Brownlee did not realise he had been disqualified for 'ducking a rival' until later in the race
Alistair Brownlee, the most successful Olympic triathlete in history, has effectively called time on his own Olympic career, tweeting a message of good luck to the athletes selected for the Tokyo Games later this summer.
Brownlee’s hopes of winning a third straight Olympic crown were dashed after he was controversially disqualified from Sunday’s World Triathlon Championship Series race in Leeds for “ducking” a rival during the swim leg.
The 33 year-old denied having purposely pushed American Chase McQueen under the water, insisting it was just a regular coming together and adding that “as bad was done to me 10 seconds before and 10 seconds after”.
The truth is it did not make any difference. Brownlee did not realise he had been disqualified until the final lap of the run leg, and actually finished the race, but did not have the legs to compete at the sharp end. Meanwhile, the man he was battling against to secure the one remaining men’s spot in the British team for Tokyo won in emphatic fashion.
The emotion was plain to see on the face of Alex Yee at the finish line
Alex Yee, a 23-year-old Londoner, idolised Brownlee growing up. A world class 10,000 metres runner with a personal best of 27min 51.94sec, Yee’s swimming has improved markedly in recent years. After he emerged from the swim leg in the pack, he managed to bridge to the lead group on the bike before leaving them all in his dust on the run, winning by 25 seconds from American Morgan Pearson.
Afterwards Brownlee took to social media, admitting he was "embarrassed" over his disqualification in what was his last World Triathlon series race before praising Yee’s "outstanding" performance and wishing the team well for Tokyo.
That’s not how I wanted my last World Triathlon series race to pan out. I’ve struggled with an ankle injury for three months and have done everything possible to get it better and stay fit for racing. I knew I needed a lot of luck today and it wasn’t to be.
— Alistair Brownlee (@AliBrownleetri) June 6, 2021
Mike Cavendish, British Triathlon’s performance director, all but admitted that Yee had done enough to warrant selection, having also finished fourth at last month’s Yokohama test event.
“It [Yee’s performance] was outstanding,” Cavendish said. “To do it on home soil in the last Olympic distance race before the Olympics is a big statement.”
Commonwealth champion Jodie Stimpson told the BBC she felt both Yee and Jonny Brownlee, who finished ninth yesterday and whose Tokyo qualification is secure, could finish on the podium in Japan.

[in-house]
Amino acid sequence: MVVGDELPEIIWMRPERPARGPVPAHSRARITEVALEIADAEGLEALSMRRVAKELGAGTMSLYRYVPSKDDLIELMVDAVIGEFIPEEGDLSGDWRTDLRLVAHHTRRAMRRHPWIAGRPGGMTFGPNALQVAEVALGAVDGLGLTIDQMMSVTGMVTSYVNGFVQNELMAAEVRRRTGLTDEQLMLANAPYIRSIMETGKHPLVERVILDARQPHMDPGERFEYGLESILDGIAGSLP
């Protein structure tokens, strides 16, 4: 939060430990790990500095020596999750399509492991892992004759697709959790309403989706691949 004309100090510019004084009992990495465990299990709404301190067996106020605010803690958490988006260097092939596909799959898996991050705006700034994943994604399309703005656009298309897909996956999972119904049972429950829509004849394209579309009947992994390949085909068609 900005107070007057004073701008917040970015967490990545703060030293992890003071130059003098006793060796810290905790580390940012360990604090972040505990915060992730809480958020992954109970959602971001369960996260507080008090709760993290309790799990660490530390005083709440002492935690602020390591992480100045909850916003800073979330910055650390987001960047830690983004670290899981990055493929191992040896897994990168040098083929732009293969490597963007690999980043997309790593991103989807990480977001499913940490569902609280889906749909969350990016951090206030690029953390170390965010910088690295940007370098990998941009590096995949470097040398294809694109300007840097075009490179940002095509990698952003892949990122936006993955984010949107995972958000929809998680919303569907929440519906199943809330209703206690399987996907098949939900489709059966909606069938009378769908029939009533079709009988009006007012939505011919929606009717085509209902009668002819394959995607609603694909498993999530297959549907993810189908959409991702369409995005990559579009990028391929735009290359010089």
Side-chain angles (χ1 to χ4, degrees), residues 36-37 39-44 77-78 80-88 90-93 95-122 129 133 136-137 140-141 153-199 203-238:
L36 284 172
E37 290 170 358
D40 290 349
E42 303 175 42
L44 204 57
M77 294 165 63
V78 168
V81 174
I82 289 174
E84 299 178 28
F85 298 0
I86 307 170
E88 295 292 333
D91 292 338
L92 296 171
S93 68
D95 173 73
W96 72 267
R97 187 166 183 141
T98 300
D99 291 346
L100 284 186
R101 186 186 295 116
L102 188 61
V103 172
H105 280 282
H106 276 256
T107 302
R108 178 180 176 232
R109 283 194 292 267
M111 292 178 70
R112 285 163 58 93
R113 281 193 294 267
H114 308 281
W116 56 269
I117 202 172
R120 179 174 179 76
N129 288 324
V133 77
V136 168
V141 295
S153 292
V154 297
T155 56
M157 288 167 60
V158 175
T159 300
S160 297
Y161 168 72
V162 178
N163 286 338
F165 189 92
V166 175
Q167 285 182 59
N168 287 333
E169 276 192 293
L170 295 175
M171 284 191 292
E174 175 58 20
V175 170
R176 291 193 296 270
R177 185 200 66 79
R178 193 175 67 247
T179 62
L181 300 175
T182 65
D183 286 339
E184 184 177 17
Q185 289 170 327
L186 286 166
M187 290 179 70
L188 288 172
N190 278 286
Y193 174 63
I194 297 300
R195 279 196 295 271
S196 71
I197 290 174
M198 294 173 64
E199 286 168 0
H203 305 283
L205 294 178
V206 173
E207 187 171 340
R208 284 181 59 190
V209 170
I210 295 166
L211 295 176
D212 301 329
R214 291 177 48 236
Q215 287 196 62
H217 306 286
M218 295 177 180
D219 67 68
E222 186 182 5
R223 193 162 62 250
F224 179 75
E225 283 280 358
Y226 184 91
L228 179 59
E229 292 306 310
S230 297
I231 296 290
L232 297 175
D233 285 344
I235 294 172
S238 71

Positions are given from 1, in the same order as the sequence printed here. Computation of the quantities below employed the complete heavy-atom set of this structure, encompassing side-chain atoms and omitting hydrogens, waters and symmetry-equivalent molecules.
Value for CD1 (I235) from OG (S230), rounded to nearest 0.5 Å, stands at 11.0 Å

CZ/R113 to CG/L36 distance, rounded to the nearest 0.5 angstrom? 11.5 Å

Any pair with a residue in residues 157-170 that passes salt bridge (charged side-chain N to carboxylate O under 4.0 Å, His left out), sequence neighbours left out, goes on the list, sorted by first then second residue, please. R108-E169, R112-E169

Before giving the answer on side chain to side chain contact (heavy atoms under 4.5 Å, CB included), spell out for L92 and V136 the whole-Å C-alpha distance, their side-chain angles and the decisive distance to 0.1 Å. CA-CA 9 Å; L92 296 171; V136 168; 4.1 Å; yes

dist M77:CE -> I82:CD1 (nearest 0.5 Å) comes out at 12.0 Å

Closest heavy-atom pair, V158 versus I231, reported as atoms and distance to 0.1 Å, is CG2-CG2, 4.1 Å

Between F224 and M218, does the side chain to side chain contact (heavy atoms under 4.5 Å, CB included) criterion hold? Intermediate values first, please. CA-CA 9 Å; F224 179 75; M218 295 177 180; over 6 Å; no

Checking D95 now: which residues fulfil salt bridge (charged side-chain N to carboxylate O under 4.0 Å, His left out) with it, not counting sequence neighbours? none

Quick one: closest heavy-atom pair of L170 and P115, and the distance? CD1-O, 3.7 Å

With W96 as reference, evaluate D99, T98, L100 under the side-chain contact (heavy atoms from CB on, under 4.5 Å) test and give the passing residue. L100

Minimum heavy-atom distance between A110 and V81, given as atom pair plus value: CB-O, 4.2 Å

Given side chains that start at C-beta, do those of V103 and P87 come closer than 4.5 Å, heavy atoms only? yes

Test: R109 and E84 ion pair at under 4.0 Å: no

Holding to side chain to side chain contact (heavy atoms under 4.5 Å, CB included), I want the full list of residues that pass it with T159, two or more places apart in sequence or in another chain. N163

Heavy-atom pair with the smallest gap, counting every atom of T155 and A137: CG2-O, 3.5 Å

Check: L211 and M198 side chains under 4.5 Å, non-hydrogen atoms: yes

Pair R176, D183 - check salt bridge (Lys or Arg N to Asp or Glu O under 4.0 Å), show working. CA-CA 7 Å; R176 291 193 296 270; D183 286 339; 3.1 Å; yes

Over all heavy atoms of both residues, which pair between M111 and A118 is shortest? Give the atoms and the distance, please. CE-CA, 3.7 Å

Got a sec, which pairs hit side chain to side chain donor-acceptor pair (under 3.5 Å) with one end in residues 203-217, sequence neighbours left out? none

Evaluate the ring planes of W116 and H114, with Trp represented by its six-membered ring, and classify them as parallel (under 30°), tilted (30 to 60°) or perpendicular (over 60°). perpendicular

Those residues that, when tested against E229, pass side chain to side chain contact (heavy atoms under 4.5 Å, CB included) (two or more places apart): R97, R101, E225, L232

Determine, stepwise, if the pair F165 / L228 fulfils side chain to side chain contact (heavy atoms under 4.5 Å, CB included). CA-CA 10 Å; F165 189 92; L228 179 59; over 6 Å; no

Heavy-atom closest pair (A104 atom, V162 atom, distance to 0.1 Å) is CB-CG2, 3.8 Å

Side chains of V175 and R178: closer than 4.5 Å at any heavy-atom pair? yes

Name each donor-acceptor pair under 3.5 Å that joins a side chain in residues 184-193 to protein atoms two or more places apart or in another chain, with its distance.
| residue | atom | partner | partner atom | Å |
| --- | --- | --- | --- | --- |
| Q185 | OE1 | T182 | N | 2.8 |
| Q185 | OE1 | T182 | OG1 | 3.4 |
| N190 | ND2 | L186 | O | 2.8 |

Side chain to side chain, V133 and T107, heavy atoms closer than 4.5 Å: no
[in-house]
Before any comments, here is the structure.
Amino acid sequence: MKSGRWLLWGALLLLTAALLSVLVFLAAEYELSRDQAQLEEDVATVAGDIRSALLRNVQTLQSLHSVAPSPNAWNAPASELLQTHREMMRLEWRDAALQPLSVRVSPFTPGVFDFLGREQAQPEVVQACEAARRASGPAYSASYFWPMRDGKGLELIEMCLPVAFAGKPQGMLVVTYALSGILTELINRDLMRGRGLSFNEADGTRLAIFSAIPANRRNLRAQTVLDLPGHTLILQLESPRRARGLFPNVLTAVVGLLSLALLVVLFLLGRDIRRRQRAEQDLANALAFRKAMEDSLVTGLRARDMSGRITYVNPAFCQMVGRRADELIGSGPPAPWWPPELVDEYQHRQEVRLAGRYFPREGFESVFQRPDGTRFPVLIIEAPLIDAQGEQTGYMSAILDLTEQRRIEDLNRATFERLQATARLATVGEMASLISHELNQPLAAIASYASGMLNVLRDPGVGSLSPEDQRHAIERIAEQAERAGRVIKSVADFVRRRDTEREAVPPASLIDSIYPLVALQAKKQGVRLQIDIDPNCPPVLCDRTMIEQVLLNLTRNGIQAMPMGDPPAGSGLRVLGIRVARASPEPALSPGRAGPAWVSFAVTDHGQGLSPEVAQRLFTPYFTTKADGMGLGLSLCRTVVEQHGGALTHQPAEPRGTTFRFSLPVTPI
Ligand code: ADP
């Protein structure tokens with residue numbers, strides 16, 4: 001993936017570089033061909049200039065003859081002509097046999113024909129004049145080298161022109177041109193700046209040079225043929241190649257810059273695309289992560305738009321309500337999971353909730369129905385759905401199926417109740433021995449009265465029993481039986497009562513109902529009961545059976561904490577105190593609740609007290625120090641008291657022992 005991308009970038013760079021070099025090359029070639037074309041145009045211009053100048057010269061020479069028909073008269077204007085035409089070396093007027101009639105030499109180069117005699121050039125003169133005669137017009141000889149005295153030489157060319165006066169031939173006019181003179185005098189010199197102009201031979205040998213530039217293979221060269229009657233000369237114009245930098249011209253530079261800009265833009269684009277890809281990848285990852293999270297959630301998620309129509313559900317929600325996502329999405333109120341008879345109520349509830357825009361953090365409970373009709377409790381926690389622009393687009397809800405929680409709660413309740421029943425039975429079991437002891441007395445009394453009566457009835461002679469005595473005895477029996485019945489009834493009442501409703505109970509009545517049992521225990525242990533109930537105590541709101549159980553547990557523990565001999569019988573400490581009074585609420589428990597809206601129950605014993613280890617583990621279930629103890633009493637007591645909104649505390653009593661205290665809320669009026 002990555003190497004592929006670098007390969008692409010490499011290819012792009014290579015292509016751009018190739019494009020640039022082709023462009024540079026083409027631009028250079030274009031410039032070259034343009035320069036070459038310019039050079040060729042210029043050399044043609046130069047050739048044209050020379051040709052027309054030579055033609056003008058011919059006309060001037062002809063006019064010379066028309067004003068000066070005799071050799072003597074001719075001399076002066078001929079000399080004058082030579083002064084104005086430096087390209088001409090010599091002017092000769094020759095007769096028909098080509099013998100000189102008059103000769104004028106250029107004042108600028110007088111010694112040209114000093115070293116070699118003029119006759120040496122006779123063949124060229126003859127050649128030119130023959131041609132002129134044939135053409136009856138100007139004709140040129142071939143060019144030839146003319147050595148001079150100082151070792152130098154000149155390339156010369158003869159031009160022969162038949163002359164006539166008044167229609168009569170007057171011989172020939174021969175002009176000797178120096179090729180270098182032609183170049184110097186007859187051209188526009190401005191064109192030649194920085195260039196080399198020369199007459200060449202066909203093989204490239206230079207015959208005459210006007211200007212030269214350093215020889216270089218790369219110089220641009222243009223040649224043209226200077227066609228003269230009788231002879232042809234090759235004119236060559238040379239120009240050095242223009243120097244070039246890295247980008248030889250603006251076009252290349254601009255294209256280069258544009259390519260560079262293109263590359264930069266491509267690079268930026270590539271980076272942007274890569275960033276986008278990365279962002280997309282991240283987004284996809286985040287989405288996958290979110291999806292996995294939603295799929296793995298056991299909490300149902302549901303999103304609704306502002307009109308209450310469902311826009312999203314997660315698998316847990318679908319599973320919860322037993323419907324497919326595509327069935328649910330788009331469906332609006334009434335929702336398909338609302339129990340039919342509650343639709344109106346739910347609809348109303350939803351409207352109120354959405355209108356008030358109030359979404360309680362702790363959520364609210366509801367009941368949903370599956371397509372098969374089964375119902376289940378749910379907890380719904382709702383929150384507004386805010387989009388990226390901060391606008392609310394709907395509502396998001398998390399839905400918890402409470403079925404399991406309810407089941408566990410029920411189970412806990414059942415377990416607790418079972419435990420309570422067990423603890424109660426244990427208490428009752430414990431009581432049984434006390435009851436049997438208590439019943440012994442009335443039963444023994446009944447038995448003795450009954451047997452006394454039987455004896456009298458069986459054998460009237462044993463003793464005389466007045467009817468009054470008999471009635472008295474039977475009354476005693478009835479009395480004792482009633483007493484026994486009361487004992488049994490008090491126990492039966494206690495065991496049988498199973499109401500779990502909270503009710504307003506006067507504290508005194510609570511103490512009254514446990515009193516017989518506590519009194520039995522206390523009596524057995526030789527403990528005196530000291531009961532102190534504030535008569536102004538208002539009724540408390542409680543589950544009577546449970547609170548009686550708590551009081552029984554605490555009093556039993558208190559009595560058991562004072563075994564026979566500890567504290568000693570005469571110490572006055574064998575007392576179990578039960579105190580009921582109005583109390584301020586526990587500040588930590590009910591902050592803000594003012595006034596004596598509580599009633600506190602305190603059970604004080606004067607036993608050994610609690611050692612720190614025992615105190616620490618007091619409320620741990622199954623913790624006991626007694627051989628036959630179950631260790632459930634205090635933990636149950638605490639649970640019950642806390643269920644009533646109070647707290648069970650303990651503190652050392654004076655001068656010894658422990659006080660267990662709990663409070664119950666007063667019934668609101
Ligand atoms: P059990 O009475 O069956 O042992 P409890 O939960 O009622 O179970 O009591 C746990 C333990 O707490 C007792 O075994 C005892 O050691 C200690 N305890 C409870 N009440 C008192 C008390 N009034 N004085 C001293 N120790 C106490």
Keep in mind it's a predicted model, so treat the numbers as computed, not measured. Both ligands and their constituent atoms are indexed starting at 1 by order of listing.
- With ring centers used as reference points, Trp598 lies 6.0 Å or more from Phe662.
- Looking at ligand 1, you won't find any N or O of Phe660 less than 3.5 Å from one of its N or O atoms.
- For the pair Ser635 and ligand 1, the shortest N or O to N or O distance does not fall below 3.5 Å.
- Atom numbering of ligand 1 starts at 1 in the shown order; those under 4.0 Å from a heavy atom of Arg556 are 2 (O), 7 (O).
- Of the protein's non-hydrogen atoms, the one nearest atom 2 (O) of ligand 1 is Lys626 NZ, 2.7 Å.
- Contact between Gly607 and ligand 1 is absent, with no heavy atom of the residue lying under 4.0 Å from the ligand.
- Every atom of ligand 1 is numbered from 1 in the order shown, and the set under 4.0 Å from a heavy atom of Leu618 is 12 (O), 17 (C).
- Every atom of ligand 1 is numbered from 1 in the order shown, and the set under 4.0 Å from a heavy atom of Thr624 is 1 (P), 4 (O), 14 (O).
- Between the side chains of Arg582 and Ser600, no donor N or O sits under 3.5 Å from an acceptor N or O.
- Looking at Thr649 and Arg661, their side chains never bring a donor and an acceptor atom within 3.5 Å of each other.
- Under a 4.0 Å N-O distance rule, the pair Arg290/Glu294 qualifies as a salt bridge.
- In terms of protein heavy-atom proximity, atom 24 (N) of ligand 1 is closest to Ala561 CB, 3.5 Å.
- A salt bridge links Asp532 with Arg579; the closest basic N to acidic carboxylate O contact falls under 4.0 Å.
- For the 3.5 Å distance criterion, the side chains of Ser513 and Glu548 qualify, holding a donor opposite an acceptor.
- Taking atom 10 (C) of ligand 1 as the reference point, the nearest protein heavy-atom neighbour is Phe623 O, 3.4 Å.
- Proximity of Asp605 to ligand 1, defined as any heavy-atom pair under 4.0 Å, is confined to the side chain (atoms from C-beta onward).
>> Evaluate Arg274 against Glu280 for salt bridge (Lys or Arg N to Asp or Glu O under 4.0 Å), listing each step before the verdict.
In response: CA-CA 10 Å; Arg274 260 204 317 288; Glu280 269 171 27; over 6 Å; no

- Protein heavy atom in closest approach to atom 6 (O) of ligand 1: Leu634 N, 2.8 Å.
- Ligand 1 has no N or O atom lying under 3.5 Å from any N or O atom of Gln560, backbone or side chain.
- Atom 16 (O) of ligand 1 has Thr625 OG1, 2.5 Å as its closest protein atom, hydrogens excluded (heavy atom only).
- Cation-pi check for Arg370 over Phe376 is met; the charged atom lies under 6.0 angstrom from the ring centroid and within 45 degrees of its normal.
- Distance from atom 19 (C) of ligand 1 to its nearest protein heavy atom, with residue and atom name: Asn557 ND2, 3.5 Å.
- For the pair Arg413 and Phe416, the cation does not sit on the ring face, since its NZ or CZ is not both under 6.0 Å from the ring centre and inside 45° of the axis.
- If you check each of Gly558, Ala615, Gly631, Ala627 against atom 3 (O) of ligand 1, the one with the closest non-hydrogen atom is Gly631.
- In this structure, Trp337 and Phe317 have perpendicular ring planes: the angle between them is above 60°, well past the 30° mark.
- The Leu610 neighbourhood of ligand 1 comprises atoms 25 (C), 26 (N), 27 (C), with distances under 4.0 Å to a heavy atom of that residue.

“I’ve seen the effort [Yee] has put into his swim at Loughborough,” she said. “Before he was the ‘runner that was coming into triathlon’. What a threat he is now. He’s a world class runner, and now he’s officially a world class triathlete. It’s been coming.”
The king is dead long live the king. After three Games, two gold medals and countless world and European titles, Brownlee’s Olympic race is seemingly run.
He switched his focus to Ironman after the last Olympics before returning for one last “roll of the dice”, but has struggled in recent months with an ankle injury. He described Sunday’s race as a “bittersweet” moment, with crowds he did so much to inspire lining the route to wish him well.
“I had to finish today because I’m pretty sure that was my last-ever World Series race,” he said. “I always knew it was going to be a struggle. I’ve really struggled over the past few months with injury. I needed a bit of a miracle today. I needed a bit of luck and I didn’t get it.”
There is still a possibility that Britain could qualify for a third spot if they send a team to Mexico next week and Tom Bishop produces a big performance to get into the top 30 in the rankings. But Bishop could finish only 16th on Sunday. And there was a distinct changing-of-the-guard feeling to proceedings in Roundhay Park.
Brownlee will now refocus on Ironman, with an unofficial world record attempt in the offing next year. He said he did not regret giving it one last crack.
"Over the last three months, I’ve really asked myself why I’m trying to go to the Olympics,” Brownlee admitted. “A friend pointed out to me that that’s the beauty of the Olympics. At the end of the day that’s why I’m here… I could have walked away and done long distance triathlon but I’m here because I love it and I wanted one more roll of the dice as it were. It didn’t work out. On the other hand, I’m very very thankful I’ve had lots of great races here and in triathlon generally.”
Yee, meanwhile, paid tribute to Brownlee in his post-race interview. “That’s probably the best feeling I’ve ever had in my life,” he said. “Whatever happens, I have so much respect for Alistair and Tom [Bishop] and all the guys who I’m battling against. They’re the greatest people in the sport, they’re my mentors, they’ve helped me grow, they’ve really taught me a lot of things. I’m so grateful to them. The best person will go [to Tokyo]. I trust in the governing body to make the right decision.”
In the women’s race, Britain’s Jess Learmonth finished runner-up to Holland’s Maya Kingma. Sophie Coldwell and Lucy Charles-Barclay were third and fifth respectively, while Beth Potter took seventh.